This last week also included my first taste of training. One of the greenies in my apartment went on an exchange with us while his companions did their Zone Leader duties and I got to teach him to jundo. Loved it. Sooooo much fun. It's nice to see how much I've progressed, even though there is still a super long way to go.
We also got to watch Conference this week. It takes a week for them to translate it to Korean, so we ended up watching it just this last weekend. Loved it. Everyone has already heard about how bomb conference is as a missionary, so I won't go into that, but my favorite talk was President Uchtdorf's spiel (Come, Join with Us) about why everyone should join the church and how much stuff we do, followed shortly after by Elder Holland 's talk (Like a Broken Vessel) about depression. It was also nice to see President Monson a little bit more recovered from the loss of his wife. President Uchtdorf has grown in my eyes by his lifealert joke. Pretty sure me and the old friend circle all busted up on that one.
To mother, when Corrie Ten Boom (Concentration-Camp-Lady) was brought up, I could just sense your satisfaction from across the ocean.
Just one quick miracle for my spiritual thought for the week. I guess this is a story that has been told, but it is a little different when you experience it.
We were out jundoing at the end of a long day. I have been trying to be better about responding to potential spiritual promptings, regardless of whether or not they make sense to me. Normally, we jundo at cross walks. It is pretty easy, and less awkward, to start a conversation with somebody when you are waiting for the light to change. Plus, there are always people where we go. Usually after I jundo to someone, I go back to the corner and wait for someone else to show up. I was coming back to my corner, and was going to go strait, but one guy stuck out to me. He was going right, and the light had just changed, so it was out of the optimum aproach time, but I felt like I had to talk to him. So I followed him for a little bit until I caught up to him and I was like, "Alright, Lord. I got this. This is what you want me to do, so give it to me."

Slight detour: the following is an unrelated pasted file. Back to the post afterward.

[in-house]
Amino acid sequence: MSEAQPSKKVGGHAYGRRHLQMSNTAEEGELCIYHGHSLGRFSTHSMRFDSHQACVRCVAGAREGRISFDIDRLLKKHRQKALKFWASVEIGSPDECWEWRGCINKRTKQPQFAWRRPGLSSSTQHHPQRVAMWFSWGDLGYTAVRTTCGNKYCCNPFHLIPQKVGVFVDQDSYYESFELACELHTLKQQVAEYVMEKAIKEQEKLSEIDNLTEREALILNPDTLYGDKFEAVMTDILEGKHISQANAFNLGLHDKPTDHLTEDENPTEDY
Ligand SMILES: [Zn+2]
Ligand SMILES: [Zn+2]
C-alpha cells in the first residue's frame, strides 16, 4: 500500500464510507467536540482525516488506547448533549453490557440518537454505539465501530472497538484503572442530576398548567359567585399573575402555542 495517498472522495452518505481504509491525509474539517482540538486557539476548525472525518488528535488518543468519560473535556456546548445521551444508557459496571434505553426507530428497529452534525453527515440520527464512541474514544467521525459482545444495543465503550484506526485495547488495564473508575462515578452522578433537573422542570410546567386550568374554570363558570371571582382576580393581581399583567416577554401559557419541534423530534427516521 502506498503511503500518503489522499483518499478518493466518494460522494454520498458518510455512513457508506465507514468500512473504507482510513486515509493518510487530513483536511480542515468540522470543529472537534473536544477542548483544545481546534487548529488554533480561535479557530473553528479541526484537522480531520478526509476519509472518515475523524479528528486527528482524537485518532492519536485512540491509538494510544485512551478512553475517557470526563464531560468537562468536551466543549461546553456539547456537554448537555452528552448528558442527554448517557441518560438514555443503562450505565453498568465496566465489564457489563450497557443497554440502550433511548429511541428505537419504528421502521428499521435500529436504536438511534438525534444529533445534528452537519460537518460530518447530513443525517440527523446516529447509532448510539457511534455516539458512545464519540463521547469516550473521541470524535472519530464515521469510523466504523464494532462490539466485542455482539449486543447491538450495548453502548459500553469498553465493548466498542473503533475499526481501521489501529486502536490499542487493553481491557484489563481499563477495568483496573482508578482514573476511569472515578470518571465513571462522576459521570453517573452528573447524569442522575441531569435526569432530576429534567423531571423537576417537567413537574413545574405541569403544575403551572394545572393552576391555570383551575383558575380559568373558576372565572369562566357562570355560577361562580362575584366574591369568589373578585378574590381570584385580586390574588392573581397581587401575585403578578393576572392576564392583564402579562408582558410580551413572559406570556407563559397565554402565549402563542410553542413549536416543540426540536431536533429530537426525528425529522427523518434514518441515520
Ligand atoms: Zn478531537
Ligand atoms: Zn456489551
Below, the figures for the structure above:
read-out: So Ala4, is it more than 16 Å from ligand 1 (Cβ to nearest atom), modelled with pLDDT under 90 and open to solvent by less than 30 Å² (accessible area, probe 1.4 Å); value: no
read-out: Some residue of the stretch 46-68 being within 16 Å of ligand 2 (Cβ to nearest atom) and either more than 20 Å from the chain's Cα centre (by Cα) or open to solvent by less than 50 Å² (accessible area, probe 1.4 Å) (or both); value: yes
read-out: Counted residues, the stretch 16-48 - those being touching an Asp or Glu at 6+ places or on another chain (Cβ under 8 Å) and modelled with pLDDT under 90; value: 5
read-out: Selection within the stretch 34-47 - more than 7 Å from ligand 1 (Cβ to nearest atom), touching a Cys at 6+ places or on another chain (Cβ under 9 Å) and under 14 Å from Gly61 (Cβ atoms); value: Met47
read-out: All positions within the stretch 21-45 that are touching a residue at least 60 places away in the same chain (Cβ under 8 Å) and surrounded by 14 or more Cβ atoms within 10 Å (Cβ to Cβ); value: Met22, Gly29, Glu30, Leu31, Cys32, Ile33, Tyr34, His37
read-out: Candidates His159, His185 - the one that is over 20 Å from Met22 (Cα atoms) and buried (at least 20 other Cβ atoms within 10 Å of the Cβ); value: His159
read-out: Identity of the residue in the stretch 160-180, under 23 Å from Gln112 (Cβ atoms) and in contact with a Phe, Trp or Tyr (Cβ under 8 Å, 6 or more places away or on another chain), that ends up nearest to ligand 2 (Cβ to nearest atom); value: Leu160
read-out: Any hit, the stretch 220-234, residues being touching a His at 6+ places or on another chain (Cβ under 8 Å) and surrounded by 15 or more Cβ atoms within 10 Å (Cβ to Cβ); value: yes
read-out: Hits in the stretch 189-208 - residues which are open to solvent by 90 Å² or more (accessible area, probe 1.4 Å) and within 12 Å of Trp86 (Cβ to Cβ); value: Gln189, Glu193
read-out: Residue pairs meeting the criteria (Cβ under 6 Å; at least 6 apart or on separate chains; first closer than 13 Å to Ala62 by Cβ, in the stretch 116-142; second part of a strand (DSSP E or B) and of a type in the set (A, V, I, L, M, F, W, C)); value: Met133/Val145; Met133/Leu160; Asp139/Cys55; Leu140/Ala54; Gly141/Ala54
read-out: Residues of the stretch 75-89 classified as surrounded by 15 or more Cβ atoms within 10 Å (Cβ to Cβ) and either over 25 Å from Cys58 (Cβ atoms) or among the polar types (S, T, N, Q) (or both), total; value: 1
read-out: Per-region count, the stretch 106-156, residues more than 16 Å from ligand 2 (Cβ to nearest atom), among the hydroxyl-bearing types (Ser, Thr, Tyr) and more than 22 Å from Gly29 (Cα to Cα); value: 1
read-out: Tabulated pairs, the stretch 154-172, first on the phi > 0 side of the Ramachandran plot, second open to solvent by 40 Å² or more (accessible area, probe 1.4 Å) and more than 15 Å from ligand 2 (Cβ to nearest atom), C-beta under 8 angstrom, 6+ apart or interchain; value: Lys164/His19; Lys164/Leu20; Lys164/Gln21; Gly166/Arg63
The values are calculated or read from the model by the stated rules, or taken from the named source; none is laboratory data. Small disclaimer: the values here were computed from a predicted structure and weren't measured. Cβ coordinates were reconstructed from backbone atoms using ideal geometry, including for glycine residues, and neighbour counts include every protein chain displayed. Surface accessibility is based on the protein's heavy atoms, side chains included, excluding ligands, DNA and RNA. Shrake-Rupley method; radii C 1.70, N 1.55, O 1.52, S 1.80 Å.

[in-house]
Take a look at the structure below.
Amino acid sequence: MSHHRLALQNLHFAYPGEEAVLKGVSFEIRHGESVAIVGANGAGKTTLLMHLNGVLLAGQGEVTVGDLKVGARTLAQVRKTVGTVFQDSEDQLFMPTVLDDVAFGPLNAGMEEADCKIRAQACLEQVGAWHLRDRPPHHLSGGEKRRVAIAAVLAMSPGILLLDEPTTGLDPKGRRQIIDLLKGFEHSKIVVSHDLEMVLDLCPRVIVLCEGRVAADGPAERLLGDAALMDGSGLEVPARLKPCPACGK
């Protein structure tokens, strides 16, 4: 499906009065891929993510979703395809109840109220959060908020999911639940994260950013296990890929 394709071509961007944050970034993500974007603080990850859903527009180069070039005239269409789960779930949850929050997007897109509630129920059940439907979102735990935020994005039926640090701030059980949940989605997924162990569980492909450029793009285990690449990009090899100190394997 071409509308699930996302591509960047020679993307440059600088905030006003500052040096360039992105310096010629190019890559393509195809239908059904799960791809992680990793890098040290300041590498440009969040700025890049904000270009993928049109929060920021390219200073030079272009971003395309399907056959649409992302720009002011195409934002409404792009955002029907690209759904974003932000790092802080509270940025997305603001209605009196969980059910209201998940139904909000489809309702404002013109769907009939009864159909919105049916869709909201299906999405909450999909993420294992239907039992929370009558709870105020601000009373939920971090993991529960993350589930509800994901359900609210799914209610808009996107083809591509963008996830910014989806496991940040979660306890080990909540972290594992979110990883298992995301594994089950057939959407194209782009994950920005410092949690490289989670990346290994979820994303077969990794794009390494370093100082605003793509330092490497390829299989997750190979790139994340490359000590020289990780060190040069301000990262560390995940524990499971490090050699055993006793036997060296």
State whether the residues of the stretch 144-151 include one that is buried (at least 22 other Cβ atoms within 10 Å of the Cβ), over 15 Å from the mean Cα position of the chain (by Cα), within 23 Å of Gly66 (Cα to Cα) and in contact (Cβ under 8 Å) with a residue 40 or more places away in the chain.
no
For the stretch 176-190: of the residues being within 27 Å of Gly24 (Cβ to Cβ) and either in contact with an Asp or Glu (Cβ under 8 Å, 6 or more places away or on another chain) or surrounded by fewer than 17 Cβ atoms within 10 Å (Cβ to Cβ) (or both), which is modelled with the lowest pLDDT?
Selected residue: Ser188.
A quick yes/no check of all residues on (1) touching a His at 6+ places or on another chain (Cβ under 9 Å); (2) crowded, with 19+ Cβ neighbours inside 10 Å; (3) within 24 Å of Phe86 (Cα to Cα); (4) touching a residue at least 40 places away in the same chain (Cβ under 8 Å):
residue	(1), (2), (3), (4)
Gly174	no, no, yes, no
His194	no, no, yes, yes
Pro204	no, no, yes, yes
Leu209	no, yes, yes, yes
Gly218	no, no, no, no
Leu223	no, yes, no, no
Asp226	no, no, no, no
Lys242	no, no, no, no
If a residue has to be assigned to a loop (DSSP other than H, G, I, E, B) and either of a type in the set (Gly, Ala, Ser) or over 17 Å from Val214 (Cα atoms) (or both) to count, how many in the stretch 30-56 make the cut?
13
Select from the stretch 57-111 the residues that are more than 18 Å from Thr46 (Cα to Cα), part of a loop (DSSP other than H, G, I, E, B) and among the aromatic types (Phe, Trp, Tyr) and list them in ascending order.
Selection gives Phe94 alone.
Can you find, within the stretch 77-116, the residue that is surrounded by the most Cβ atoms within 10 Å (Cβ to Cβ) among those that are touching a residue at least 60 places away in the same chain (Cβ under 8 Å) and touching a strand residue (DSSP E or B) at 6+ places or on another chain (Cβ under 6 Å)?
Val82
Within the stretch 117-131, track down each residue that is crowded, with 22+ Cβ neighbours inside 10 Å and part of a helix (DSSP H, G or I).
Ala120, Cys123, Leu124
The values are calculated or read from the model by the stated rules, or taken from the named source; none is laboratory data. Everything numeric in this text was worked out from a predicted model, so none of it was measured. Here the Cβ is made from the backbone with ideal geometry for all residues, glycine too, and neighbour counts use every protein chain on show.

I say hello and get the most direct rejection I'd gotten all night. I'd say I was discouraged, but rejection is just a thing now so it doesn't really affect me. I was a little disappointed though.
It wasn't much later in the night that I talked to a guy named -----. Things went super well, he spoke fluent English, he's really smart, and even though I couldn't find a specific need to teach to him, he agreed to meet me again and I set up my first full street appointment. I've gotten other appointments before, but always from calling someone back later, and he just gave it to me.
The moral of the story is this: Sometimes, doing the right thing, even the thing that God tells you to do isn't going to yield immediate results. Sometimes it is just to give you experience. Other times, as I believe was the case for me, we just have to show God that he can trust us. We have to show him that we are willing to do his will before he can make it more fully manifest to us. In the end, that is what life is all about, building that relationship with God. Showing him that not only are we worthy of his trust through acting on what he gives us, but by showing that we trust him enough to do so.